Results: Medicinal plants recorded in the city of M’sila were 36 divided into 16 families and 31 genera. Lamiaceae family predominates (27.8%), followed by Asteraceae (13.9%). Leaves are the most frequently used (27.4%), the aerial parts (18.5%) and thus the seeds (16.3%). It appears that the population is highly dependent on these plants that allow them to treat different pathologies (digestive, stomach, diarrhea, constipation, vomiting) with a percentage (18.6%), carminative (5.7%) and antidiabetic (12.2%). In general, the remedies are administered orally. Indeed, therapeutic use forms are: the tisane or decoction (44.7%), infusion (27.1%) and powder (12.2%).
Conclusions: The ethnobotanical survey conducted among traditional healers, herbalists and healers in the M’sila city has created an inventory of 36 species and a database that collected all the information on local and traditional therapeutic applications as well as all the diseases treated.

Keywords: Ethnobotany; ethnopharmacological; therapeutic applications.

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Resumen

Contexto: La ciudad de M’sila ocupa una posición privilegiada en la parte central del norte de Argelia. El clima de esta zona es de tipo continental, con la influencia del Sahara, y la vegetación es de estepa.
Objetivos: Destacar el uso tradicional de las plantas, a pesar de las características ambientales.
Métodos: Un estudio etnobotánico se llevó a cabo en la ciudad de M’sila durante el período 2011-2012, en colaboración con los médicos tradicionales, herbalistas y curanderos. Un total de 85 adultos fueron capaces de determinar las especies y responder preguntas sobre el uso tradicional de las plantas en procesos artesanales y los dominios nutricionales y medicinales.
Resultados: Las plantas medicinales registradas fueron 36, divididas en 16 familias y 31 géneros. La famílias más utilizadas son Lamiaceae (27,4%), seguida de Asteraceae (13,9%). Las partes de las plantas más utilizadas son las hojas (27,4%), las partes aéreas (18,5%) y después las semillas (16,3%). Al parecer la población es muy dependiente de estas plantas. El 18,6% manifestó que les permiten el tratamiento de diferentes patologías (digestivas, estomacales, diarrea, estreñimiento, vómitos), carminativo (5,7%) y antidiabético (12,2%). En general, los remedios se administran por vía oral. Las formas de uso terapéutico más usadas son: la tisana o decocción (44,7%), La infusión (27,1%) y el polvo (12,2%).
Conclusiones: El estudio etnobotánico realizado entre los curanderos tradicionales, herbalistas y sanadores en la ciudad M’sila ha creado un inventario de 36 especies y una base de datos que recoge toda la información sobre las aplicaciones terapéuticas locales y tradicionales, así como todas las enfermedades tratadas.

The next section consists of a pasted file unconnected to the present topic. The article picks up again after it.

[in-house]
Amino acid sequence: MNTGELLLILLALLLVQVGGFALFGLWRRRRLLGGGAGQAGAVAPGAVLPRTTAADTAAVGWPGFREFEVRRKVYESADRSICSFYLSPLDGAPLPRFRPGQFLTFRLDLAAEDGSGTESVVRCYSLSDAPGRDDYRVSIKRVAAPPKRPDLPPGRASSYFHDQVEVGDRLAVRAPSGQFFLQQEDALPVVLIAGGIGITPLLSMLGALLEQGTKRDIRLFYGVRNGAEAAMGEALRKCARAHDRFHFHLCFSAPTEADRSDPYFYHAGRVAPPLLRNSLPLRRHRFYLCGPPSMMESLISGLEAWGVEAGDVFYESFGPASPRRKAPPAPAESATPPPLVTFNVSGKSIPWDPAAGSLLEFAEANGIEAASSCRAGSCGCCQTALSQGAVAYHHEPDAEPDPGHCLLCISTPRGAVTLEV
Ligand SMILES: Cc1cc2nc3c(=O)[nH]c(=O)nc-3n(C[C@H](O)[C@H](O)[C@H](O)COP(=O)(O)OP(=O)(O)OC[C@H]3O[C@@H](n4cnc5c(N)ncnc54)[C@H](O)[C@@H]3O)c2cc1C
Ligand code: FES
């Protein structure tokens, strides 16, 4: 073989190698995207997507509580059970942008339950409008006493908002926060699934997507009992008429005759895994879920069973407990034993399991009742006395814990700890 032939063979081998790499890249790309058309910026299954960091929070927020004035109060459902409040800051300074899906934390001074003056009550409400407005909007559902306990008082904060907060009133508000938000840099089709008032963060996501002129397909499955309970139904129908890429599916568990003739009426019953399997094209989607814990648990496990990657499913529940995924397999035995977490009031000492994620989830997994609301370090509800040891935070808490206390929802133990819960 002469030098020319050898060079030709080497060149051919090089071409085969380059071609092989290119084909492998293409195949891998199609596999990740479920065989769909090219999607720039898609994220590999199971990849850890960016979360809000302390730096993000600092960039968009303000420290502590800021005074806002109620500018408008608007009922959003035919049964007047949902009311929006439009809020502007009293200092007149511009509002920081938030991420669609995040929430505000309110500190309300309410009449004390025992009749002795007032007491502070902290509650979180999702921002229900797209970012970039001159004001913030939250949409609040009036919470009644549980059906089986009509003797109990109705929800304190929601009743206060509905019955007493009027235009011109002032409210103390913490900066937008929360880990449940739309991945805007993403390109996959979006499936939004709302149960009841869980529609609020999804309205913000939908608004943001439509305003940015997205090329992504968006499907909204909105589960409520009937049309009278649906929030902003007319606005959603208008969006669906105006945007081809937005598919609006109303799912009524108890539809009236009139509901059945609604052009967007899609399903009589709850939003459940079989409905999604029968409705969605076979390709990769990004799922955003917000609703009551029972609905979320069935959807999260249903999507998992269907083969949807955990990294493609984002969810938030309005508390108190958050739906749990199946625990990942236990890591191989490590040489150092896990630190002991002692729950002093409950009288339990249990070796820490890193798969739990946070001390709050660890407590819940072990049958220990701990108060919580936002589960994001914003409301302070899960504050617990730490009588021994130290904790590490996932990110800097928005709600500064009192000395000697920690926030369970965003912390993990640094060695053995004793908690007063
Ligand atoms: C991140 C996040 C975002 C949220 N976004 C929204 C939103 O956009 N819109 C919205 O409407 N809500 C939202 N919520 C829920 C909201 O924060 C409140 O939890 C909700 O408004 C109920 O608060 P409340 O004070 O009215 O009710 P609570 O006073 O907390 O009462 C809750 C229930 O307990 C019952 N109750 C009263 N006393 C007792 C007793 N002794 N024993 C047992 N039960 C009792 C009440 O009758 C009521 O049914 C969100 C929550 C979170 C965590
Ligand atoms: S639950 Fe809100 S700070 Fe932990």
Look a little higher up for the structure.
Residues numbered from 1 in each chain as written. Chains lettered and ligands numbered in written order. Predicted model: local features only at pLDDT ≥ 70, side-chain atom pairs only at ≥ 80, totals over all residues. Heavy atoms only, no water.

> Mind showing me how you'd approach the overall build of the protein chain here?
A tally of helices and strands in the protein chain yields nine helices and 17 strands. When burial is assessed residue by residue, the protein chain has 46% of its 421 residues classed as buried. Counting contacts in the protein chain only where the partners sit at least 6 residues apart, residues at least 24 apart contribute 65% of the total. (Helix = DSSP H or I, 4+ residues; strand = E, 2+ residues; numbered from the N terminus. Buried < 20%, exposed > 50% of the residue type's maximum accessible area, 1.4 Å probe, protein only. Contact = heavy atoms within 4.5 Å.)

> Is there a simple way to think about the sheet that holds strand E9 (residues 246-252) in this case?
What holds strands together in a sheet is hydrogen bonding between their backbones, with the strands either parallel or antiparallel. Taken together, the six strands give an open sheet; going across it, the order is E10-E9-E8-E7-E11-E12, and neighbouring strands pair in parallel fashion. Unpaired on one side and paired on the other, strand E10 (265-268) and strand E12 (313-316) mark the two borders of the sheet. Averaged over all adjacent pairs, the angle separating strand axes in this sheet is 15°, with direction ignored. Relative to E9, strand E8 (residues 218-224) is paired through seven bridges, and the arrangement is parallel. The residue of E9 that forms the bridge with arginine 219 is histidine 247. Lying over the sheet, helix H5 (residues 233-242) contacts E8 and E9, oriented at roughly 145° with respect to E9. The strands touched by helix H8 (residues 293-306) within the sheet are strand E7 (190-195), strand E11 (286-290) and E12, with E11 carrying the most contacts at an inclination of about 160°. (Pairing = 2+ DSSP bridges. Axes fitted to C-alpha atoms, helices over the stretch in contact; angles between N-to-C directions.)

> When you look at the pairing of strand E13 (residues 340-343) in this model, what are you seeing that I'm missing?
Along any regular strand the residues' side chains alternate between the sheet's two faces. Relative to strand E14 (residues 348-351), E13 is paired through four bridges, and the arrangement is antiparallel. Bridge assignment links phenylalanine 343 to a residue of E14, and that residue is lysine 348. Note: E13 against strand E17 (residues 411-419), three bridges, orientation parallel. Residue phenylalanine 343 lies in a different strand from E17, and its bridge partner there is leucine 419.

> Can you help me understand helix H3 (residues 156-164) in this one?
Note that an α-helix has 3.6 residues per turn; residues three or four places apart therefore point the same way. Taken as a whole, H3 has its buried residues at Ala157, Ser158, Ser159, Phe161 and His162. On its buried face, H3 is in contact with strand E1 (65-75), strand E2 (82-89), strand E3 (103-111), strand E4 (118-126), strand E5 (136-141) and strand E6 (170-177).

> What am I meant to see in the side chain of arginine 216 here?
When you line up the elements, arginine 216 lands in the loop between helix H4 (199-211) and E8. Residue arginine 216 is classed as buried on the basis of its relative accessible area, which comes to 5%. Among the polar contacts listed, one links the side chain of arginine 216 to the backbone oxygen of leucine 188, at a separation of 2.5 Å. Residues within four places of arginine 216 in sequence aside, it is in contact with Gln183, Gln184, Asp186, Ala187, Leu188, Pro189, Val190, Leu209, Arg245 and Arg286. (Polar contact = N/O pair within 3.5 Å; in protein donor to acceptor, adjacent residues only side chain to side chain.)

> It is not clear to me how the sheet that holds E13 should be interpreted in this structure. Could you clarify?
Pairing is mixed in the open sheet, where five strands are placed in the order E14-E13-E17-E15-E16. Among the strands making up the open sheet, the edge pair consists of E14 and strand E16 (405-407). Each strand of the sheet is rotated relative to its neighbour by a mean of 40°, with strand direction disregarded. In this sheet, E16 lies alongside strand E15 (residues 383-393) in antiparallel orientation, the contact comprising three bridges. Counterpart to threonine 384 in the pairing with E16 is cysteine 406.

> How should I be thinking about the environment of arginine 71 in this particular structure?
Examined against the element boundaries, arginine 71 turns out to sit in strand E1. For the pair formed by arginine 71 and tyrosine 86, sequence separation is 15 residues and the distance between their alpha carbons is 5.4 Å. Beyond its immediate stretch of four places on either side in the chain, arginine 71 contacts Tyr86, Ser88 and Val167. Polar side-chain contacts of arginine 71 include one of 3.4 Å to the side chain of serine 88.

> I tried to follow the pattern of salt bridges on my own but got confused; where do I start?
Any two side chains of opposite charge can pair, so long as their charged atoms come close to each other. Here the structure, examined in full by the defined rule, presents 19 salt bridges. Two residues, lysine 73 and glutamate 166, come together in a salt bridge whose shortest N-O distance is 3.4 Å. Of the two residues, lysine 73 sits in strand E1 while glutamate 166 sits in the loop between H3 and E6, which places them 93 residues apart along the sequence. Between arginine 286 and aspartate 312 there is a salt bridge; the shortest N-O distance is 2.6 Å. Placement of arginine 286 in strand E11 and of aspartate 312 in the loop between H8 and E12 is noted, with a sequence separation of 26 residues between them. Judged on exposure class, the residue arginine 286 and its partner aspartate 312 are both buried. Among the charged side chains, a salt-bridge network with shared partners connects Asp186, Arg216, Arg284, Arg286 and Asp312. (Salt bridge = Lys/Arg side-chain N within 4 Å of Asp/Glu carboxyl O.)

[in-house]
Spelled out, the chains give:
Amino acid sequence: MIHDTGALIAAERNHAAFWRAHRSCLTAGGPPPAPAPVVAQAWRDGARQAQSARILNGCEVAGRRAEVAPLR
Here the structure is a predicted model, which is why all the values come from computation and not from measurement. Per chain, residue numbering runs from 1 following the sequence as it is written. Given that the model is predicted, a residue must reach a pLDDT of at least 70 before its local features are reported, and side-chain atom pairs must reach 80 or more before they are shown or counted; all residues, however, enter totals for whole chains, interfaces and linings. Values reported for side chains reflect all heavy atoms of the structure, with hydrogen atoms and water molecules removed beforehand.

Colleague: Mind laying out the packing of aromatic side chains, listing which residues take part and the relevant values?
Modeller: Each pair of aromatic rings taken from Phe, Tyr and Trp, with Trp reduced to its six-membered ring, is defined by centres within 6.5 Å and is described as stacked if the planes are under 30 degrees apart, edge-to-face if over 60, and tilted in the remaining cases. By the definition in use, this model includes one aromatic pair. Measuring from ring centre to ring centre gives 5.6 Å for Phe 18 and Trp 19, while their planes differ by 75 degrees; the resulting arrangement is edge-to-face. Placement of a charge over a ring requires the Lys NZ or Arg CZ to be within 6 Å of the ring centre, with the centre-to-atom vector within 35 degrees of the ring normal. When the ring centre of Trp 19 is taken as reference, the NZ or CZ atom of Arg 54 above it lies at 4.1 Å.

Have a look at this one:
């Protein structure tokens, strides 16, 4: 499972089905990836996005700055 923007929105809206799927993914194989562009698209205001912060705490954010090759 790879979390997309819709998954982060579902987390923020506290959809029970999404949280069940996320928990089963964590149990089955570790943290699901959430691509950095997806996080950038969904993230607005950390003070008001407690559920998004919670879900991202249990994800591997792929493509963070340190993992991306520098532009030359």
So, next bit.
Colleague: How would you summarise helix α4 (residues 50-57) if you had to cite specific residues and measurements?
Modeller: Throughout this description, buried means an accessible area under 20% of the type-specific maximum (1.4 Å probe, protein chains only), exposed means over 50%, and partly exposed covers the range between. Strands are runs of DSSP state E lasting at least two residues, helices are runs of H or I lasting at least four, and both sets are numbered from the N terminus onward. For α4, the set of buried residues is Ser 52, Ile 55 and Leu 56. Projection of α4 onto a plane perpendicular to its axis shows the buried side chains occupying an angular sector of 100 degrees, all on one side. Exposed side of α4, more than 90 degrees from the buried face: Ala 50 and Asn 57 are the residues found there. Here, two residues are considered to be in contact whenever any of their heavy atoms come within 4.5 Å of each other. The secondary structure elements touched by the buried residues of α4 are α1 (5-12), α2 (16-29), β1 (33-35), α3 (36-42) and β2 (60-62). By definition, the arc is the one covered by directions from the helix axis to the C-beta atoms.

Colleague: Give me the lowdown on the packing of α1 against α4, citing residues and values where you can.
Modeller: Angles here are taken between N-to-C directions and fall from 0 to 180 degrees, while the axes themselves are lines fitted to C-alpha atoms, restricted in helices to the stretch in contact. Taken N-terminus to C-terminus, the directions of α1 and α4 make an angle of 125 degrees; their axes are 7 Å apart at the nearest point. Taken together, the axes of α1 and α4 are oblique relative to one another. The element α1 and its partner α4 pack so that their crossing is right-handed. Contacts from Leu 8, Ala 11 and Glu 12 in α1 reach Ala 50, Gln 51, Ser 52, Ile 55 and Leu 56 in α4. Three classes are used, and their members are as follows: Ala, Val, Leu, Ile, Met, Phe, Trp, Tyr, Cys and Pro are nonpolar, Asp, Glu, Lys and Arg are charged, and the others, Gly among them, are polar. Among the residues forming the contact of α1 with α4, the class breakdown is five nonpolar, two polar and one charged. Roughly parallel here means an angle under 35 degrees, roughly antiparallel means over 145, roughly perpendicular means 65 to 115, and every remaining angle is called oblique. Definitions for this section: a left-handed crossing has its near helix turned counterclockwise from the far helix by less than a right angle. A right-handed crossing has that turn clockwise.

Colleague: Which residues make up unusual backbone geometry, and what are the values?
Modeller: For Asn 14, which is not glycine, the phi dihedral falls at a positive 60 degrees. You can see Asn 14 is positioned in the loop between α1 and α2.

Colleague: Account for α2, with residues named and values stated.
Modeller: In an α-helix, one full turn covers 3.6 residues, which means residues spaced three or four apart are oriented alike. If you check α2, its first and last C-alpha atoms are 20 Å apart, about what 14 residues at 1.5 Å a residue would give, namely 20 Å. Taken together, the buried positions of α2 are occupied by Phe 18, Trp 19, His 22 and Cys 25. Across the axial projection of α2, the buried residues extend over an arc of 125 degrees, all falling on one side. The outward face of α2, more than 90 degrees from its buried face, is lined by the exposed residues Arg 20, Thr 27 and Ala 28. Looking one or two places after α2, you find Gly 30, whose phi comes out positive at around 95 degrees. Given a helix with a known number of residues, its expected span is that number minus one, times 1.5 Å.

Palabras Clave: Etnobotánica; etnofarmacología; aplicaciones terapéuticas.

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Citation Format: Sarri M, Mouyet FZ, Benziane M, Cheriet A (2014) Traditional use of medicinal plants in a city at steppic character (M’sila, Algeria). J Pharm Pharmacogn Res 2(2): 31-35.
This article has been cited by:
Yabrir B, Touati M, Adli B, Bezini E, Ghafoul M, Khalifa S, Guit B (2018) Therapeutic use of spontaneous medicinal flora from an extreme environment (dune cordon) in Djelfa region, Algeria. J Pharm Pharmacogn Res 6(5): 358–373. Website
Bakchiche B, Guenane H, Rezzoug M, Gherib A(2018) DPPH free radical scavenging activity of ethanolic extracts of twenty two medicinal species from south Algeria (Laghouat region). Journal of Medical and Surgical Research IV(3): 469-474. Website
Miara MD, Bendif H, Ait Hammou M, Teixidor-Toneu I (2018) Ethnobotanical survey of medicinal plants used by nomadic peoples in the Algerian steppe. Journal of Ethnopharmacology 219: 248-256. DOI: 10.1016/j.jep.2018.03.011
Kitaz A (2017) Comparison of the total phenol, flavonoid contents and antioxidant activity of methanolic roots extracts of Asphodelus microcarpus and Asphodeline lutea Growing in Syria. International Journal of Pharmacognosy and Phytochemical Research 9(2): 159-164. DOI: 10.25258/phyto.v9i2.8057
Sarri M, Boudjelal A, Hendel N, Sarri D, Hamdaoui H (2017) An ethnobotanical survey of galactogenic plants of Berhoum district (M'sila, Algeria). Journal of Intercultural Ethnopharmacology 6(3): 311-315. DOI: 10.5455/jice.20170811073514
Sisay M, Gashaw T (2017) Ethnobotanical, ethnopharmacological, and phytochemical studies of Myrtus communis Linn: A popular herb in Unani system of medicine. Journal of Evidence-Based Complementary & Alternative Medicine 2017: 1-9. DOI: 10.1177/2156587217718958
Di Petrillo A, Fais APintus FSantos-Buelga CGonzález-Paramás AMPiras VOrrù GMameli ATramontano E, Frau A (2017) Broad-range potential of Asphodelus microcarpus leaves extract for drug development. BMC Microbiology BMC series 17: 159. DOI: 10.1186/s12866-017-1068-5
Rabah B, Khellaf R, Mouloud G, Mustapha D, Djamel MM (2017) Flora and medicinal plants in the green spaces of Bousaâda (Algeria) and surroundings. Global Journal of Research on Medicinal Plants & Indigenous Medicine 6(1):0114. Website
Sisay M, Gashaw T (2017) Myrtus communis Linn: A review on ethnobotanical, ethnopharmacological and phytochemical studies. Journal of Pharmacognosy and Phytotherapy 9(6): 77-86. DOI: 10.5897/JPP2017.0451
Dali Yahia MK (2017) Étude phytochimique bioguidée de plantes aromatiques sahariennes. These pour l'obtention du Doctorat en Sciences Médicales. Université Abou Bekr Belkaïd, Tlemcen, Algeria. Website
Al-Kayali RKitaz AHaroun M (2016) Antibacterial activity of Asphodelin lutea and Asphodelus microcarpus against methicillin resistant Staphylococcus aureus isolates. International Journal of Pharmacognosy and Phytochemical Research 8(12): 1964-1968. Website
Nelson K, Lyles JT, Li T, Saitta A, Addie-Noye E, Tyler P, Quave CL (2016) Anti-acne activity of Italian medicinal plants used for skin infection. Front Pharmacol 7: 425. DOI:  10.3389/fphar.2016.00425
Ouelbani R, Bensari S, Mouas TN, Khelifi D (2016) Ethnobotanical investigations on plants used in folk medicine in the regions of Constantine and Mila (North-East of Algeria). Journal of Ethnopharmacology 194: 196–218. DOI: 10.1016/j.jep.2016.08.016
Benarba B (2016) Medicinal plants used by traditional healers from South-West Algeria: an ethnobotanical study. J Intercult Ethnopharmacol 5(4): 320-330. DOI: 10.5455/jice.20160814115725
Benarba B, Belabid L, Righi K, Bekkar AA, Elouissi M, Khaldi A, Hamimed A (2015) Ethnobotanical study of medicinal plants used by traditional healers in Mascara (North West of Algeria). Journal of Ethnopharmacology 175: 626-637. DOI:10.1016/j.jep.2015.09.030
Sarri M, Boudjelal A, Hendel N, Sarri D, Benkhaled A (2015) Flora and ethnobotany of medicinal plants in the southeast of the capital of Hodna (Algeria). Arabian Journal of Medicinal & Aromatic Plants 1(1): 24-30. Website
Engidawork E, Sisay M (2015) Evaluation of in-vivo antidiarrheal activities of 80% methanol extract and solvent fractions of the leaves of Myrtus communis Linn (Myrtaceae) in mice. A thesis paper submitted to the Department of Pharmacology and Clinical Pharmacy, School of Pharmacy, College of Health Sciences, in partial fulfillment of the requirements of Master of Science Degree in Pharmacology. Website

© 2014 Journal of Pharmacy & Pharmacognosy Research (JPPRes)